A FINNISH PROJECT to develop a vaccine against the new coronavirus is poised to move on to the second phase of animal testing after generating a positive immune response in mice, reports Mediauutiset.
“The animal tests have progressed well. We’ve been able to generate a very good immune response,” said Kalle Saksela, a professor of virology at the University of Helsinki.
Developed by Rokote Laboratories, a roughly two-month-old company co-founded by Saksela, the vaccine is administered as a nasal spray, producing stronger and higher concentrations of antibodies capable of neutralising the virus. The vaccine preform has been shown to create immunoglobulin A (IgA) antibodies, which are found not only in blood but also on mucous membranes and are thereby able to prevent the infection entirely.
“We’re very pleased, and we believe this [delivery method] was the right choice,” Saksela told Mediauutiset.
The potential to prevent the infection entirely with a single dose of the vaccine, as the team expects, represents a major improvement over the stated objectives of other vaccine development projects. Astra Zeneca, for instance, has said it would consider its vaccine a success if vaccinated people developed less symptoms than unvaccinated ones.
“I assume that the general understanding is that a vaccine’s task is to prevent an infection,” said Saksela. “But is it wise to set the bar so low just because you’re in a hurry?”
The vaccine preform developed by him and his colleagues is not delivered to cells “by force” with, for example, a gene gun but by means of adenovirus serotype 5, the most common viral vector used in clinical studies worldwide.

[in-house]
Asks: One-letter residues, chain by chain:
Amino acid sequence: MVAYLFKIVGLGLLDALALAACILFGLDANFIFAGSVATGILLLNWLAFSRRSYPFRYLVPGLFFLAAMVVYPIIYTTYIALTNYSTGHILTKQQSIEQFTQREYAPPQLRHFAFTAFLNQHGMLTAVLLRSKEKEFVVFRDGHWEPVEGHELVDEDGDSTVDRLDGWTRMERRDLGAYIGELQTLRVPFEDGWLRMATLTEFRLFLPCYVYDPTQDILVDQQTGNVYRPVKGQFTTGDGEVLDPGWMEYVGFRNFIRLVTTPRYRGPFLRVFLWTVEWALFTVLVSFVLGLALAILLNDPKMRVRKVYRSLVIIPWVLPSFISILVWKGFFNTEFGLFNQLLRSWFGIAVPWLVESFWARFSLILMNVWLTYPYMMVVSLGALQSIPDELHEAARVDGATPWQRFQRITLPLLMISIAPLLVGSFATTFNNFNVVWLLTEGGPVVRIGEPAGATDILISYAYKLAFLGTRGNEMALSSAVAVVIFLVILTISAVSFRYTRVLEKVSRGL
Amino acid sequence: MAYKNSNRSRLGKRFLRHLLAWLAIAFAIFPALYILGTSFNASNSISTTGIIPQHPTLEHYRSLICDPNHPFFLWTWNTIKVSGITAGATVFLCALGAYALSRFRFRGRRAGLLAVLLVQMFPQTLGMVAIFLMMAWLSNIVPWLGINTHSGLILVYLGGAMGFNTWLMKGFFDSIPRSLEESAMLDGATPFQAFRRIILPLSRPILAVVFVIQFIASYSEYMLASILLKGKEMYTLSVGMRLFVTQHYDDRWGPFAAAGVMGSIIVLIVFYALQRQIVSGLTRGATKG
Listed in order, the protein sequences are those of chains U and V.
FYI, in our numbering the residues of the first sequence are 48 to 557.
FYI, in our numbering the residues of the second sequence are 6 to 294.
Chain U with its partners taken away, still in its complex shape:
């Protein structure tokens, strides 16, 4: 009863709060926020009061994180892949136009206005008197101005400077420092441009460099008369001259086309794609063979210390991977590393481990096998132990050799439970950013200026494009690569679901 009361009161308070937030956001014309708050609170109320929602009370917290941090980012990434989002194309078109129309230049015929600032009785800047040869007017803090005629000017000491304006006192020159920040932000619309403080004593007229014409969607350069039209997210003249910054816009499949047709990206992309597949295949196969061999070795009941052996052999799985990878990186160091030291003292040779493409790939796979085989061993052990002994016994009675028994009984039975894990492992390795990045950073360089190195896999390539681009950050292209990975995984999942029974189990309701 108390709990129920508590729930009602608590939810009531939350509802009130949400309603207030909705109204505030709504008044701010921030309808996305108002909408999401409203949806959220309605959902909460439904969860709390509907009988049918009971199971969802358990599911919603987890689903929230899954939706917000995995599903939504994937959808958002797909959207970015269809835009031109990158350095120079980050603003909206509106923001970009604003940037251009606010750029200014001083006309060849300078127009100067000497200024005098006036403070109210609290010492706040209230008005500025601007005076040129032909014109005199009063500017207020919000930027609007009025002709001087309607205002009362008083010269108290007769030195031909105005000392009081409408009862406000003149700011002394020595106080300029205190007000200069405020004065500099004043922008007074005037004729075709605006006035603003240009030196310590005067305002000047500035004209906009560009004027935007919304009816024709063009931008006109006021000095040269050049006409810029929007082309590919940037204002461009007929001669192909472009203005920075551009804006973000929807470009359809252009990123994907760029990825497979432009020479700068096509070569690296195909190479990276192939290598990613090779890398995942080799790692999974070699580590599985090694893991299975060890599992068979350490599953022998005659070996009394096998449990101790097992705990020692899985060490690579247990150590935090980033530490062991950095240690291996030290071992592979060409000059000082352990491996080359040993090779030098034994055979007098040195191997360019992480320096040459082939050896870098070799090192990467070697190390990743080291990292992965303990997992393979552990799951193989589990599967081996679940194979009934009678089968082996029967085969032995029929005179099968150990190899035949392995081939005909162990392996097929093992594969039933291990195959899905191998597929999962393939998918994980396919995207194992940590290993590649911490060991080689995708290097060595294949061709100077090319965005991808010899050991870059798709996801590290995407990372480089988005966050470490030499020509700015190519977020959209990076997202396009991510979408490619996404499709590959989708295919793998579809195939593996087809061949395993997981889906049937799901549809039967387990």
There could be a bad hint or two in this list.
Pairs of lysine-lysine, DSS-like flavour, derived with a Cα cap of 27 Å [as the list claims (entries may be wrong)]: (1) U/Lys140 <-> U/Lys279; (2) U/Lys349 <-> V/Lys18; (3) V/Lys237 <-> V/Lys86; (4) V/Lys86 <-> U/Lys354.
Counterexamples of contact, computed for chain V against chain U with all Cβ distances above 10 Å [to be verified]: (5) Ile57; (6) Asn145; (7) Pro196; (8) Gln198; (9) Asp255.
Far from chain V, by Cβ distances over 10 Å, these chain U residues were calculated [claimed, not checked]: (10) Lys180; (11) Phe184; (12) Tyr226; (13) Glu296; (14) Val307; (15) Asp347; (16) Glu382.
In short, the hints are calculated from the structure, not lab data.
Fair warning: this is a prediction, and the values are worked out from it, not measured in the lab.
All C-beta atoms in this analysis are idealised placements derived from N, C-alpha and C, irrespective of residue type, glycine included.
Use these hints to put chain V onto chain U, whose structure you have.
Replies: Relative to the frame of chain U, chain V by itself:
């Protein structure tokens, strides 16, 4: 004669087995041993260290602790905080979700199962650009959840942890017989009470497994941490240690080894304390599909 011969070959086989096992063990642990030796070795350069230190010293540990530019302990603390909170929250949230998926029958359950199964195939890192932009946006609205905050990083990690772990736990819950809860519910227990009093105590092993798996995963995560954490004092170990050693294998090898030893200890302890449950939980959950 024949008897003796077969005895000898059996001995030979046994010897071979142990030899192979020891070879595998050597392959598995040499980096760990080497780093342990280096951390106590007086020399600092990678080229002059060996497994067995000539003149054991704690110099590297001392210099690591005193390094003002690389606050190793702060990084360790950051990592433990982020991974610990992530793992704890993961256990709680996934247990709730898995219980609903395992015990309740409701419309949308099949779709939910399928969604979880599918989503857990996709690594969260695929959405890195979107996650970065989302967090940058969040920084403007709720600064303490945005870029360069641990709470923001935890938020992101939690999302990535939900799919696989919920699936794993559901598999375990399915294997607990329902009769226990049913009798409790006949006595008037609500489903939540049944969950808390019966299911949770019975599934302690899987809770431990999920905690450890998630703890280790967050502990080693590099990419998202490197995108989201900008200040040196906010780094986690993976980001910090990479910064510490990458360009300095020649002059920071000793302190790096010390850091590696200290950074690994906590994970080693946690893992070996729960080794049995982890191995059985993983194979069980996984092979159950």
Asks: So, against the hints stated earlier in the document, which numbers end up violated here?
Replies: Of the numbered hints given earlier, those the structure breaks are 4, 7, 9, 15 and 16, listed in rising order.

This effectively programmes the human body to produce the vaccine itself.
Funding, however, has proven an obstacle to the development. Saksela admitted to Mediauutiset that he is baffled at how difficult it has proven to secure funding, especially in light of the uncertainty created by the coronavirus epidemic.
“As a researcher, I was thinking probably a bit naively that as long as we do our part and develop a promising preform and demonstrate its efficacy tentatively, researchers, decision-makers and regulators in a country as small as this would take it upon themselves to push forward a national project like this.”
“Maybe it was a bit of a surprise or disappointment to me that that’s now how these things move forward.”
The team ultimately received ordinary research funding from the Academy of Finland. The funding is expected to suffice for early-phase human tests: for the first phase and possibly for parts of the second phase.
The clinical trials are presently expected to start at the turn of the year and conclude in the first half of next year.
The third phase of the process would require an additional 30–50 million euros in funding. It could start no earlier than at the beginning of next summer and produce a vaccine for the Finnish population no earlier than next autumn, estimated Saksela.
Pasi Kemppainen, another co-founder of Rokote Laboratories, said the company is content to monitor international vaccine development projects from afar, for the time being.
“We don’t feel that we’re behind, but rather that in some regards we’re already ahead of vaccines in the approval process. Our approach to using the vaccine and strategy for producing it are completely different,” he said.
“We have something that no other vaccine developer has,” he added. “We’re building a vaccine platform. The coronavirus is just one of many viruses. This adenoviral vector is a platform that allows for the development of other respiratory disease-related vaccines quickly and cost-efficiently.”
Aleksi Teivainen – HT